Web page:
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lbattistin
Beginner

IOS-XR: when use prefix-set and prefix-list (are they equivalent)?

Hi, I just started using IOX-XR and understand that route-policies in IOS-XR are a more flexible way of doing route-maps in IOS, as well as prefix-sets have pretty much the same functionality than prefix-list. But I wonder why are prefix-lists still present in IOS-XR, are there any particular cases where you would prefer using prefix-lists instead of prefix-sets ? The Command Reference explains both but no clue about specific differences or cases where you have to use one or another. Any links to documentation regarding the specific uses of these are welcome. TIA.

11 REPLIES 11
medhat elsaeed
Beginner

The regular prefix-list contain Permit and Deny statments

But the Prefic-set doesn't contain permit or deny options, so you have to use the RPL to permit or deny a prefix-set

my recommendation is to use the prefix-list in order to be easily moved from one router to another ( like from an IOS to IOS XR )

xthuijs
Cisco Employee

Adding to the response already given, here are some good examples on how to work with RPL:

https://supportforums.cisco.com/docs/DOC-22031

xander

Thank you. So up to this point my understanding is that within a route policy you have to use prefix-sets ( as it is one of the 5 sets supported by RPL, besides as-path-set, community-set, extcommunity-set and rd-set ); everywhere else when you need to select prefixes you would choose prefix-lists as they are more flexible, am I right ?

the IOS route-map approach and the XR RPL approach are just different in nature.

So where IOS uses a prefix-list with permits and denies in an acl manner, XR uses the prefix-sets and you use the if-then-else structure to define what you want to do with the prefix that matches the set.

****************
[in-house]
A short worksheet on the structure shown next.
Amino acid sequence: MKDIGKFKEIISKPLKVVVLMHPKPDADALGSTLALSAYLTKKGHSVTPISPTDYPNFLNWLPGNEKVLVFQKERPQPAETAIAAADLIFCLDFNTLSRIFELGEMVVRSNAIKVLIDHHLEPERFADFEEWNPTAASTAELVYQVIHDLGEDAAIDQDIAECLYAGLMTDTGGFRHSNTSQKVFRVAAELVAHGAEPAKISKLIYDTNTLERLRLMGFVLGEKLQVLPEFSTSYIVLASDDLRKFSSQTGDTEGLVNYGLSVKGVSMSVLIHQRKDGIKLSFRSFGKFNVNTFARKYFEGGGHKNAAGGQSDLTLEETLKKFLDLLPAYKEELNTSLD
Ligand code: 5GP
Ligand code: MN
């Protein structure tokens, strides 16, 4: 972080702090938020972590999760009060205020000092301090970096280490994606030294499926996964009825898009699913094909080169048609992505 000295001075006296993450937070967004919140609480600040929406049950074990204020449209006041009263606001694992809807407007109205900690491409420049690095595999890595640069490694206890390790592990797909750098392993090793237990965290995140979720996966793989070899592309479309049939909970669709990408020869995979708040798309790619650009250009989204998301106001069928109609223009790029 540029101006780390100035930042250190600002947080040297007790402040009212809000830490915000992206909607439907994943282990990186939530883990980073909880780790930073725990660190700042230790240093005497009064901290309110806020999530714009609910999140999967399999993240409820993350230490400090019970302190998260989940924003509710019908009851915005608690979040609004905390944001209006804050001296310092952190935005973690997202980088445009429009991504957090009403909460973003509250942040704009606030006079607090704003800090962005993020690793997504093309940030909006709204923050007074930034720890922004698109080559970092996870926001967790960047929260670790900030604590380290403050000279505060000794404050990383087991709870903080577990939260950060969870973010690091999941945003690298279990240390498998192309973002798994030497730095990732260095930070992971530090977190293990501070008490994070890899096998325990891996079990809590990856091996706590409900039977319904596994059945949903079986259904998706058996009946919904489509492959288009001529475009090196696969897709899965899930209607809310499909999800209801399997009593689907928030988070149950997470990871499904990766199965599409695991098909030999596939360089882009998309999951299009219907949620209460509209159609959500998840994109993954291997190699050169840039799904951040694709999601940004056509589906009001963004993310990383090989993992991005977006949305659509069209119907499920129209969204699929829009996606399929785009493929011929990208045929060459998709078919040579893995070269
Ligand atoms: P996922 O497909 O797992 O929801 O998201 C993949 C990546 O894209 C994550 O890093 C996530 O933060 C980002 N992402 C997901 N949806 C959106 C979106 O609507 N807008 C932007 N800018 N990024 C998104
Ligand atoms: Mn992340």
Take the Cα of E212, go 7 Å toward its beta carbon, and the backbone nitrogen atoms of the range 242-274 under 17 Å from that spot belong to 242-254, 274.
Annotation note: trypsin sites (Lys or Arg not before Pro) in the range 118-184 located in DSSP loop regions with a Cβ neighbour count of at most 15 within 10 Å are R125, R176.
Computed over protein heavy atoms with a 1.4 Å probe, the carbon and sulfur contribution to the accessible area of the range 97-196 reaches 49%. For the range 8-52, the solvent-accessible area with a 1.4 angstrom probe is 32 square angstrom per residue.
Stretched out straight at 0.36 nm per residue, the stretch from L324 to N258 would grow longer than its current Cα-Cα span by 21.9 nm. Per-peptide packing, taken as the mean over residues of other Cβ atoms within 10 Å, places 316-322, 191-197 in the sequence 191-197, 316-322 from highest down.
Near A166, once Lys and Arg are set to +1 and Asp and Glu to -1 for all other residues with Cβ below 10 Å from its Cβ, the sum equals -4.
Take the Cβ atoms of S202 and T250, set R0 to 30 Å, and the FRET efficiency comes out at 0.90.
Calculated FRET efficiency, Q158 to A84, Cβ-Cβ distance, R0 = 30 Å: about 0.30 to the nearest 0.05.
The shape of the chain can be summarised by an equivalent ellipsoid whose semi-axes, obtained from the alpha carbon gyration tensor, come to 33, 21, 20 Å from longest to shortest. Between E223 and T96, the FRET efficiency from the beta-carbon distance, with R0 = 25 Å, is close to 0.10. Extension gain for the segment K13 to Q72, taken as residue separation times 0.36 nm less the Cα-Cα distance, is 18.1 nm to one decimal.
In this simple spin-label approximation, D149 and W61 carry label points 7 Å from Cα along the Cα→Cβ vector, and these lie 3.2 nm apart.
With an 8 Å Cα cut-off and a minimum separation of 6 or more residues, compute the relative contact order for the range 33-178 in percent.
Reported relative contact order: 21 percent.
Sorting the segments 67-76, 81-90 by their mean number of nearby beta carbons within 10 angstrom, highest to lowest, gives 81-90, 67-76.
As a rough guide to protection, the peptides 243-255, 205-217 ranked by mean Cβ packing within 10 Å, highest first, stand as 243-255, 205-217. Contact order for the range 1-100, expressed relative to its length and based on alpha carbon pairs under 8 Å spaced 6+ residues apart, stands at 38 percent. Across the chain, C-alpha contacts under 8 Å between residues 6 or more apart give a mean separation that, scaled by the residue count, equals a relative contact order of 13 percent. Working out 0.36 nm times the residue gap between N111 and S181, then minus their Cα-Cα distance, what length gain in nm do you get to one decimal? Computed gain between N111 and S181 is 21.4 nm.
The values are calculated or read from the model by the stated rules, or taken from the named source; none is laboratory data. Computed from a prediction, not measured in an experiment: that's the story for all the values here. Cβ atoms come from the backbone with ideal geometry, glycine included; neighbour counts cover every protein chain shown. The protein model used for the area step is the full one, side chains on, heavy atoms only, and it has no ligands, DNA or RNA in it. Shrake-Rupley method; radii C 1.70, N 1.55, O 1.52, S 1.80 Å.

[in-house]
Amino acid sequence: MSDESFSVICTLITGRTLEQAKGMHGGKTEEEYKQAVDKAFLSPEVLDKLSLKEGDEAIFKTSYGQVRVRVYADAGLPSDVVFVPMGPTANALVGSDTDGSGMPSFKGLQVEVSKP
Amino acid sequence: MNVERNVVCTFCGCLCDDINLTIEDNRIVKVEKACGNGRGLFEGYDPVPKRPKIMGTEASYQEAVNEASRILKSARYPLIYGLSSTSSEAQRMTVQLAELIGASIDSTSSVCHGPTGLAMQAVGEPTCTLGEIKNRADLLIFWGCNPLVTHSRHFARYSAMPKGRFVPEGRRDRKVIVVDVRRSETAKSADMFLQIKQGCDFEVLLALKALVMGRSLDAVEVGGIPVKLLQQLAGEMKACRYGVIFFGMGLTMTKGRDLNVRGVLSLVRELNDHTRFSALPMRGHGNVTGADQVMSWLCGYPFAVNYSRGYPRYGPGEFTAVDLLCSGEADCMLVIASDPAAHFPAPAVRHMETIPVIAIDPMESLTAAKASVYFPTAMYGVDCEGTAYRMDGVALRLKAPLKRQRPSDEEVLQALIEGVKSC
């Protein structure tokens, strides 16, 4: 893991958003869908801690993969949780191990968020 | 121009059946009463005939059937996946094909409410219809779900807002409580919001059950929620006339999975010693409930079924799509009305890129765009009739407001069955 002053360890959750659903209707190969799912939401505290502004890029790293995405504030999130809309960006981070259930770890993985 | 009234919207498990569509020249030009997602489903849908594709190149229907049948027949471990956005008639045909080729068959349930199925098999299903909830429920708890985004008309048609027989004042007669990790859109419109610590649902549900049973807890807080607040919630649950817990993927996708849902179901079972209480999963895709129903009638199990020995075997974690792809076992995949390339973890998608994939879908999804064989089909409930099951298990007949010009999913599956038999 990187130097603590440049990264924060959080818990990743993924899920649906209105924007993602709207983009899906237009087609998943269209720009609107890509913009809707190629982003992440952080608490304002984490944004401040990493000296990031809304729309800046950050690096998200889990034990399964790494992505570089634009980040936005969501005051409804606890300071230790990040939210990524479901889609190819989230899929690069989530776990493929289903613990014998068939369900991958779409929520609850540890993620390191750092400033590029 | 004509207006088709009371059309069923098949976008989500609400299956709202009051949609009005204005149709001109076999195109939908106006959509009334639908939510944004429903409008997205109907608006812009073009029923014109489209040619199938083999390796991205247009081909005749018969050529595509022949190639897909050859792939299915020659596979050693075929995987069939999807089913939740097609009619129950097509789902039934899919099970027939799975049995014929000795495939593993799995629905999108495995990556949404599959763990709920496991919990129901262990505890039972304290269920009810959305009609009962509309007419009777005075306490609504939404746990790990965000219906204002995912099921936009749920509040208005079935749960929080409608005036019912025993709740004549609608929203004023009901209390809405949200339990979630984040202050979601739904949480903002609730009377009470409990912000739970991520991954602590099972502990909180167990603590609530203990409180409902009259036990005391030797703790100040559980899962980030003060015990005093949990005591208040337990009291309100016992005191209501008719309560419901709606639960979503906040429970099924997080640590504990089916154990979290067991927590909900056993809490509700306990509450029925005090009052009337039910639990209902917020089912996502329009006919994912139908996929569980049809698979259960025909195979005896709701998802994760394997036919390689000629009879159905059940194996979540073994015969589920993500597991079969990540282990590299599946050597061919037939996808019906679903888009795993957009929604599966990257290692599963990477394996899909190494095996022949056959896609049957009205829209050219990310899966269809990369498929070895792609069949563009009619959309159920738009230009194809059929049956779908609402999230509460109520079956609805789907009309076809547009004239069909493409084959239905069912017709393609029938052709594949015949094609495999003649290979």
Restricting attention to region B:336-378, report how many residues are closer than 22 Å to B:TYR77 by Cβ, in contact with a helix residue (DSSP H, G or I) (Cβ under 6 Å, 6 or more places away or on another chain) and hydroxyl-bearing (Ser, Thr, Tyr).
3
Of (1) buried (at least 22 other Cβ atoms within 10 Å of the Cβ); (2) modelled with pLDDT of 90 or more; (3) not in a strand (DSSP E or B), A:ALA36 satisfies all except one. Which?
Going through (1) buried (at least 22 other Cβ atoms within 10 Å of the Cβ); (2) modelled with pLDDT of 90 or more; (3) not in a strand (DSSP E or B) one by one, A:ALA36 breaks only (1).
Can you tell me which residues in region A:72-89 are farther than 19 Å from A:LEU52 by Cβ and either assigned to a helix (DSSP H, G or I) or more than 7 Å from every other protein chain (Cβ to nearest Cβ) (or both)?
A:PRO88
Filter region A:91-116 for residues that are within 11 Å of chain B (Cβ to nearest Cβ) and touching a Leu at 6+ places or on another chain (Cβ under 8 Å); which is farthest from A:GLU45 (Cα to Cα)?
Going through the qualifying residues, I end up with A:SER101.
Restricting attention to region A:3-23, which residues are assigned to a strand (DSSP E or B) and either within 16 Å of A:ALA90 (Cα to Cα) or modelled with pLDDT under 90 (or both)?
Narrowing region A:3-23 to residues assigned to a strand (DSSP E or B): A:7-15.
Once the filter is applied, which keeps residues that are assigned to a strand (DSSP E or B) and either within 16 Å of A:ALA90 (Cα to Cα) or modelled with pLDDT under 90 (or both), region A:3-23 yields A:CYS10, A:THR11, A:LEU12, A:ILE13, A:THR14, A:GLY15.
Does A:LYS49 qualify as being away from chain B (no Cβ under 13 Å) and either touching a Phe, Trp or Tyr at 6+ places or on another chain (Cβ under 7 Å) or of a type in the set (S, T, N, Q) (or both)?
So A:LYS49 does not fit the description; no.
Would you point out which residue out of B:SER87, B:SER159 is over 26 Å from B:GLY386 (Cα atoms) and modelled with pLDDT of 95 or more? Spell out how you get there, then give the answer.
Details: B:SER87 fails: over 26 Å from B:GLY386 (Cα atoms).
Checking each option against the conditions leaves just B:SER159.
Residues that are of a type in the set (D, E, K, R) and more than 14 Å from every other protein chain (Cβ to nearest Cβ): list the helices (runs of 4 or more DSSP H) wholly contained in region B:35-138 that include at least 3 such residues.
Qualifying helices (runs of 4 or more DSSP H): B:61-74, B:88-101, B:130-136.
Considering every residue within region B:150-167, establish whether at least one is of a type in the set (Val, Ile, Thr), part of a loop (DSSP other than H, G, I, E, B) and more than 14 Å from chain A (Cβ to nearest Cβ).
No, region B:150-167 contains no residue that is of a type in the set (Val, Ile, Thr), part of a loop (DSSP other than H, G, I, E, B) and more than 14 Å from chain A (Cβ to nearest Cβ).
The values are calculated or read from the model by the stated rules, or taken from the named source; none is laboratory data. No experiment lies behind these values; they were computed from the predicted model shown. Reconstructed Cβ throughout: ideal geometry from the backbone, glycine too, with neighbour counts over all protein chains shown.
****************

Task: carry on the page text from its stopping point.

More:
You could achieve the same in RPL as what you could do in route-maps, for instance, if your ios prefix list would say

permit X

deny Y

permit Z

In RPL it would look like (for example):

perfix-set PERMITS

x

z

perfix-set DENIES

y

if destination in DENIES then

drop

else if destination in PERMITS then

pass

else

set local pref 1234

end if

something like that.

regards

xander

Thanks again for such a quick answer !  I understand how RPL and prefix-sets work, my question is more towards the purpose of prefix-lists in IOS-XR (not IOS). Is prefix-list mantained in IOS-XR just for back compatibility to IOS or are there applications where you need prefix-list and not prefix-set (for BGP I guess..) ?

I see what you mean, I dont believe you can use prefix-lists in XR for route filtering. this has to be done by RPL.

xander

Ok, thank you Alexander.

@xthuijs Thanks for clarifying the differences in the above statements. When I compare IOS-XR with IOS-XE, prefix-set seem to do the job of prefix-list in IOS-XE and are called by the route-policy in XR as route-map calls the prefix-list in XE.

 

So, why would you have prefix-list option which essentially does the same task as route-policy in IOS-XR? Just curious? Sounds like they both perform the same function. 

 

Looking forward to hearing from you

 

Nage

hi nage,
in XR you have route-policies as you noted, this route policies can leverage prefix-sets or community-sets.
this is merely to simplify the configuration and ease of reading.
also there is a slight performance difference between the two approaches of “inline” vs using sets (talking usecs here btw).

if your prefix set is small, or community set for that matter, you can do it inline:

if destination in (a/8 or b/16) then
bla

if your lists are very long, then ti is easier to reference a set:
if destination in PREFIXSET then
bla

and prefix-set PREFIXSET
a/8
b/16
c/24
etc

in RPL, when you want to edit the RPL you need to reconfigure it completely.
so if you ewant to adjust the prefix in the first example you need to retype your whole policy.
in the 2nd mode you only have to update your prefix set to add a line or change it.

cheers!
xander

hi nagender!

prefix-set and route-policy are married together.

RPL provides for a programmatic approach of defining yeah route policies.

prefix-sets are the way to group/list prefixes together.

 

prefix-lists is a more user friendly approach probably, but it is not tied to RPL.

so you can use it for basic filter of prefixes, but not to manipulate them (like what RPL can do).

 

cheers

xander

Alessio Andreoli
Contributor

Hi,
I am sorry being out of the curve but I would prefer to use prefix-set because even if is the equivalent of prefix-list in IOS , it is a much more flexible and granular tool than the prefix-list. The RPL can match a prefix with a level of detail that is more difficult to implement with IOS prefix-list. Scalability is another IOS XR prefix-set strength point.


Hope this helps
Alessio

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